How does the flood risk standard promote smarter development? 

The federal flood risk standard does two important things. First, agencies must consider how climate change is affecting flood patterns and weather conditions at proposed development locations. If this information indicates that the site is likely to experience flooding, project managers must look for alternative locations outside the risky area. Federal funds can be used to develop in a floodplain only if there are no viable alternatives. 

The effects of climate change are playing out in Norfolk, Virginia, communities. (Credit: Michael Caudill)

Second, it requires that any unavoidable floodplain development is built in a way that makes it safer and more resilient by considering nature-based solutions and mitigation measures for flood risks. It also directs agencies to build in ways that reduce damage to the floodplain itself and avoid pushing flood waters to surrounding communities. 

Here’s a good example from the South: The proposed Mid-Currituck Bridge would need to be operational for over 30 years for the state Department of Transportation to collect enough toll revenue to pay for it. Yet sea level rise maps show that much of the area surrounding the bridge will be underwater within the next 30 years.  

Had the Federal Highway Administration applied the flood risk standard, it would have considered how sea level rise will affect the project area and identified alternatives to avoid, minimize, and mitigate risk. It could have also led the agency to a project plan that would stand the test of time.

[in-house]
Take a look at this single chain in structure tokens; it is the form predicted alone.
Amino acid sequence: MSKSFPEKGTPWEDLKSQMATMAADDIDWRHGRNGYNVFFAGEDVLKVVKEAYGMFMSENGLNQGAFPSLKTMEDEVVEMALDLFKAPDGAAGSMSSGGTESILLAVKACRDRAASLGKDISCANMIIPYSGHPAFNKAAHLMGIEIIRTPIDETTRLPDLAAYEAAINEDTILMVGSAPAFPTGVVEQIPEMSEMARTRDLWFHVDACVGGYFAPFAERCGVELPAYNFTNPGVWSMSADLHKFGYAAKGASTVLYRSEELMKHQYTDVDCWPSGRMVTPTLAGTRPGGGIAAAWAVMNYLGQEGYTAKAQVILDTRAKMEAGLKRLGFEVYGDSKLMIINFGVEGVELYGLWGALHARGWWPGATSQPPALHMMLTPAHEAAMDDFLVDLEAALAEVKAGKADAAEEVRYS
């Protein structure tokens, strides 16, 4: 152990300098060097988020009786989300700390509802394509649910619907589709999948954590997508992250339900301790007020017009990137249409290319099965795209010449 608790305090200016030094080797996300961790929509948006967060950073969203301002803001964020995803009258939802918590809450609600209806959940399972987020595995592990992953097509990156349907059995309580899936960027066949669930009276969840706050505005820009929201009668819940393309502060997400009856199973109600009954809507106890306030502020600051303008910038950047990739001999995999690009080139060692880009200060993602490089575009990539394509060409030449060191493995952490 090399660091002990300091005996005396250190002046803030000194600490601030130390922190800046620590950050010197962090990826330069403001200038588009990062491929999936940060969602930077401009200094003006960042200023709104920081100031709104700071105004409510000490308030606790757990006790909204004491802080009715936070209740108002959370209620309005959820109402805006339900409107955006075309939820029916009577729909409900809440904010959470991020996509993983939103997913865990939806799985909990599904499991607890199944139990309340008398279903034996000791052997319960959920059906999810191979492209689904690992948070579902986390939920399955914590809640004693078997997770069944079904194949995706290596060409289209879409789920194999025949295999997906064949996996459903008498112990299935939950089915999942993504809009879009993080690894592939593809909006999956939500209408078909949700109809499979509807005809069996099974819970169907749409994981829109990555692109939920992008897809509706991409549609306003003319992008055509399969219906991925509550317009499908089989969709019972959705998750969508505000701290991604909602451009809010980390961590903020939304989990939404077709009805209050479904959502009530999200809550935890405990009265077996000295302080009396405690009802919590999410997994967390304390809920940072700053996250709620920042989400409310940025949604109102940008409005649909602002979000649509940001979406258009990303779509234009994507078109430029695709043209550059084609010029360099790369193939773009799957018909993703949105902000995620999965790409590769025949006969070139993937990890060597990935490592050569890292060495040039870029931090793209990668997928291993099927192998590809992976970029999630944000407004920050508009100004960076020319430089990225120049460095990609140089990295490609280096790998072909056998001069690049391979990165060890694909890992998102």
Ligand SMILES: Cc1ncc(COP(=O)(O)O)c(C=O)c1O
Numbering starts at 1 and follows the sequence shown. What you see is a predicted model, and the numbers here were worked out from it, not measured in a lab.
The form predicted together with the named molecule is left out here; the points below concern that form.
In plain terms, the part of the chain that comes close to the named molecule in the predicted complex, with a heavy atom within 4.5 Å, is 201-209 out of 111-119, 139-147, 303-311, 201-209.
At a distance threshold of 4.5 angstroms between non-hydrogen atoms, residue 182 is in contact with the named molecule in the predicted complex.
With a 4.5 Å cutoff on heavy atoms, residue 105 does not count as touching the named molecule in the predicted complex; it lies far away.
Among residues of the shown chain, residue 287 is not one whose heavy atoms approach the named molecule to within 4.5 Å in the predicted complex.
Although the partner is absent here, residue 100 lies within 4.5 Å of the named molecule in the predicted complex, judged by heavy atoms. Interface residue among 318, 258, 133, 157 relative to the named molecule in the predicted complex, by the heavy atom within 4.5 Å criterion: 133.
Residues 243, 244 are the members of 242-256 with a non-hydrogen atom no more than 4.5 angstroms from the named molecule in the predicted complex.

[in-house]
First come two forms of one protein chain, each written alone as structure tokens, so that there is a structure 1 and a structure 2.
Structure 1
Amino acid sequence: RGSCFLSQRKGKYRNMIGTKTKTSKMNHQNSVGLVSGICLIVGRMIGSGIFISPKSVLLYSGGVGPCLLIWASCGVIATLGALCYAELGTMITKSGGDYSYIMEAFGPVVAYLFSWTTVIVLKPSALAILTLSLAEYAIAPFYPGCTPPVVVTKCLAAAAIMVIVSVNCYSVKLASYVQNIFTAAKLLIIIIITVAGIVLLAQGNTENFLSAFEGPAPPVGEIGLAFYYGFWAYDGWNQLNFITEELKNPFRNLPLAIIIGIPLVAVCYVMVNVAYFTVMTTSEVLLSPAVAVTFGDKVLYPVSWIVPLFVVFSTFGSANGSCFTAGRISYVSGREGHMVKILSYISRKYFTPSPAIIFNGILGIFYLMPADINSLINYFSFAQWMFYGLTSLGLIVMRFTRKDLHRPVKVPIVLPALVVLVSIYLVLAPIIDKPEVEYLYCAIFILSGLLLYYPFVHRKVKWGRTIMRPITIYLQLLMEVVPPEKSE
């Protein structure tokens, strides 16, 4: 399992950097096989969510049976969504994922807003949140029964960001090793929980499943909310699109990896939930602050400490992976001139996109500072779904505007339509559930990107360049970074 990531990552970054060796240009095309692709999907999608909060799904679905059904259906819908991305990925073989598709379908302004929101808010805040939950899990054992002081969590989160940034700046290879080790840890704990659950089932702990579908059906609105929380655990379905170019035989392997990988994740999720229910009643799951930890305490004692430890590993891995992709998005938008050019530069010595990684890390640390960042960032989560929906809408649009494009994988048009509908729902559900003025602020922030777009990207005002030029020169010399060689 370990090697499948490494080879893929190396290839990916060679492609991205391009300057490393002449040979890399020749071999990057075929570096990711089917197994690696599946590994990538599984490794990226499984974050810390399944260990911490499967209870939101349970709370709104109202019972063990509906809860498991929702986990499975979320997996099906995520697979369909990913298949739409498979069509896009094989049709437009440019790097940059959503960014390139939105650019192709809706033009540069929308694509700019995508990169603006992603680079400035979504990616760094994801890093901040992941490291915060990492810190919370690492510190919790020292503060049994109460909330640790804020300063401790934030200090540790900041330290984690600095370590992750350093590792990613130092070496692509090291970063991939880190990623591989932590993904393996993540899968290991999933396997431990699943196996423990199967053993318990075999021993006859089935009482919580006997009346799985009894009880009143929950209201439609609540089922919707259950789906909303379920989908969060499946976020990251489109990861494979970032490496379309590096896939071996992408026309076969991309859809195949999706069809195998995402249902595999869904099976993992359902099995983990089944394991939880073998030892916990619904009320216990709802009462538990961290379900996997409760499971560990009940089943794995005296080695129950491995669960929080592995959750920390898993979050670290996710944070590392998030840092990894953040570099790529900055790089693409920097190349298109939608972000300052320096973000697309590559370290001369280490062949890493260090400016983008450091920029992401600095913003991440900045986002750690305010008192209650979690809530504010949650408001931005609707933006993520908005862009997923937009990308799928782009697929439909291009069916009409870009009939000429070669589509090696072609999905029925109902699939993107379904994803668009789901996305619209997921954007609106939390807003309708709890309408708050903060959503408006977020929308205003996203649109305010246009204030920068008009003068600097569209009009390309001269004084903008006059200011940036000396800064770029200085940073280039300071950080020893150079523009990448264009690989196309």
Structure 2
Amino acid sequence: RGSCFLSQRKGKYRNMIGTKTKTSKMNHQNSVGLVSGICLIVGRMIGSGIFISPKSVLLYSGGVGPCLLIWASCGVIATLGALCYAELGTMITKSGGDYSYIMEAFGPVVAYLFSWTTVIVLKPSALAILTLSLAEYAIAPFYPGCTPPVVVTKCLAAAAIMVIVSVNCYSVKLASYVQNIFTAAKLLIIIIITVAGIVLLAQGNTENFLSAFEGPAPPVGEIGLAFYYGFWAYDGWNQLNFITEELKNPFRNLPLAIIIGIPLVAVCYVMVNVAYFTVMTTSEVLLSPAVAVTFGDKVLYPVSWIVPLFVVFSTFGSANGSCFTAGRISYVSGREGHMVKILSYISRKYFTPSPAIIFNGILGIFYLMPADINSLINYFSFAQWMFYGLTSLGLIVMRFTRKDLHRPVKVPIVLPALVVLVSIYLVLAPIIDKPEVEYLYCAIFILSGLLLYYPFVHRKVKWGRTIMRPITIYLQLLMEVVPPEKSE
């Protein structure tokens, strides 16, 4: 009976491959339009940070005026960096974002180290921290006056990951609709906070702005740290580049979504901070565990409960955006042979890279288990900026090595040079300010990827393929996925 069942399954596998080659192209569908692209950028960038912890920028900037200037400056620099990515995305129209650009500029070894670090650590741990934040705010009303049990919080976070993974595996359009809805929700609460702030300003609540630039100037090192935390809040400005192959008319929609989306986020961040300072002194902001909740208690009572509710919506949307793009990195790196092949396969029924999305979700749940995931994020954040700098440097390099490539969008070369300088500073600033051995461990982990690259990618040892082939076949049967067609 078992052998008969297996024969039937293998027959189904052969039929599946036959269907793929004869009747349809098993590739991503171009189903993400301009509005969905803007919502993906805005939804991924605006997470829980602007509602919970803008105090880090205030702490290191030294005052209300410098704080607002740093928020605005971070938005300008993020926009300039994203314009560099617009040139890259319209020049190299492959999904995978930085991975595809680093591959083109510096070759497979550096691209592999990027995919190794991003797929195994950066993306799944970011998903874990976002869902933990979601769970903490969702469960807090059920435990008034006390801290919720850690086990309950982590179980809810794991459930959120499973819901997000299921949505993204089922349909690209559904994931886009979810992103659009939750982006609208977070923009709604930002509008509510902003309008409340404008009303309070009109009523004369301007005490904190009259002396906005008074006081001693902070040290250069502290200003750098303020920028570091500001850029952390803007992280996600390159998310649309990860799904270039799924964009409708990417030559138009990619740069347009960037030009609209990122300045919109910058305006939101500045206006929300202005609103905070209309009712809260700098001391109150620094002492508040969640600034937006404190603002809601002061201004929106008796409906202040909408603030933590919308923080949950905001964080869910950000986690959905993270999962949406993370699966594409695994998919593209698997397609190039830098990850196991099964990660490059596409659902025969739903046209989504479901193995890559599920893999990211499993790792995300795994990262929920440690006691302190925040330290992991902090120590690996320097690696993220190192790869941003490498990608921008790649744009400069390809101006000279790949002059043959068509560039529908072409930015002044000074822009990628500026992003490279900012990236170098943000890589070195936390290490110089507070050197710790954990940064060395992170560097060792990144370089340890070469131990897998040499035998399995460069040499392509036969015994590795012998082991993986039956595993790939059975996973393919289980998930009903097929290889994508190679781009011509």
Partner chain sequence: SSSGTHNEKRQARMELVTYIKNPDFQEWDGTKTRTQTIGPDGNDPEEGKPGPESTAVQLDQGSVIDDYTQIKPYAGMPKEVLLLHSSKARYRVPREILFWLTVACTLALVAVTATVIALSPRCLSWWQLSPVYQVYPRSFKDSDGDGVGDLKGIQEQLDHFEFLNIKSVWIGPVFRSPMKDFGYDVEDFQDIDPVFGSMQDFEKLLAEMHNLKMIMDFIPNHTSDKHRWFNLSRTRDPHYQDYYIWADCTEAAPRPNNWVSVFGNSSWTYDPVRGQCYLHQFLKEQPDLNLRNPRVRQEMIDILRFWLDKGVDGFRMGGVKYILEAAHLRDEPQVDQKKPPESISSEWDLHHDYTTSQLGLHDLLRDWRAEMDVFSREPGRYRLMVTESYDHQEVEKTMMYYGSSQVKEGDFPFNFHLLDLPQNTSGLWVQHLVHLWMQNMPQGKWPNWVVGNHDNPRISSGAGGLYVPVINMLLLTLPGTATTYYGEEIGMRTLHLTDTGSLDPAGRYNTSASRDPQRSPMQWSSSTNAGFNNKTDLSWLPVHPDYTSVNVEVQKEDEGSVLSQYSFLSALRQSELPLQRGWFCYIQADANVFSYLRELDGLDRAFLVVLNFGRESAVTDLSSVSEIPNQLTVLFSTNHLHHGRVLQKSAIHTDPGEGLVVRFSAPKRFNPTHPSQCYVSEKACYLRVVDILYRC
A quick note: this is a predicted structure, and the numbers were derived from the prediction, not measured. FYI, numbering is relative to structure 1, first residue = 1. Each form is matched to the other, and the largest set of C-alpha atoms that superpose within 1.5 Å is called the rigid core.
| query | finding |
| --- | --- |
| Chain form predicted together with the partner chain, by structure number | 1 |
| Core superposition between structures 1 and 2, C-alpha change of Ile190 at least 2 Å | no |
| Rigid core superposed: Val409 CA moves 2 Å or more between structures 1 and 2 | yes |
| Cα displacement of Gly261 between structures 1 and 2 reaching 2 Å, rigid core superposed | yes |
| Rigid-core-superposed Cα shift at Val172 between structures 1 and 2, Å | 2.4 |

More agency action on flood risk is needed 

By finalizing their flood risk rule strengthening protections for affordable housing, HUD is seizing the opportunity to keep more and more people from harm’s way and ensuring federally assisted housing is built to last. 

“We need swift implementation to make sure we’re siting and building our neighborhoods in a way that reduces the need for costly repairs and replacements in the face of increasing floods,” said Sarah Edwards, legislative counsel at SELC.

There are other agencies on the right track: the U.S. Army Corps of Engineers is proposing to codify a flood risk rule soon, although it is already implementing the standard in other ways. FEMA is also already partially implementing the standard and hopefully finalizing a rule later this year. The Department of Transportation has plans to publish a proposed rule updating its floodplain management rules this summer. 

This commonsense update to assessing flood risk is much-needed progress that benefits our communities, environment, taxpayer dollars, and future generations.

Sarah Edwards, SELC Legislative Counsel

But not all federal agencies have implemented the flood risk standard, even though doing so could make a huge impact on our communities and environment.

We need the Army Corps, FEMA, and DOT to finalize their proposals as soon as possible, and we need all federal agencies to recognize the importance of building in a safer and more resilient way.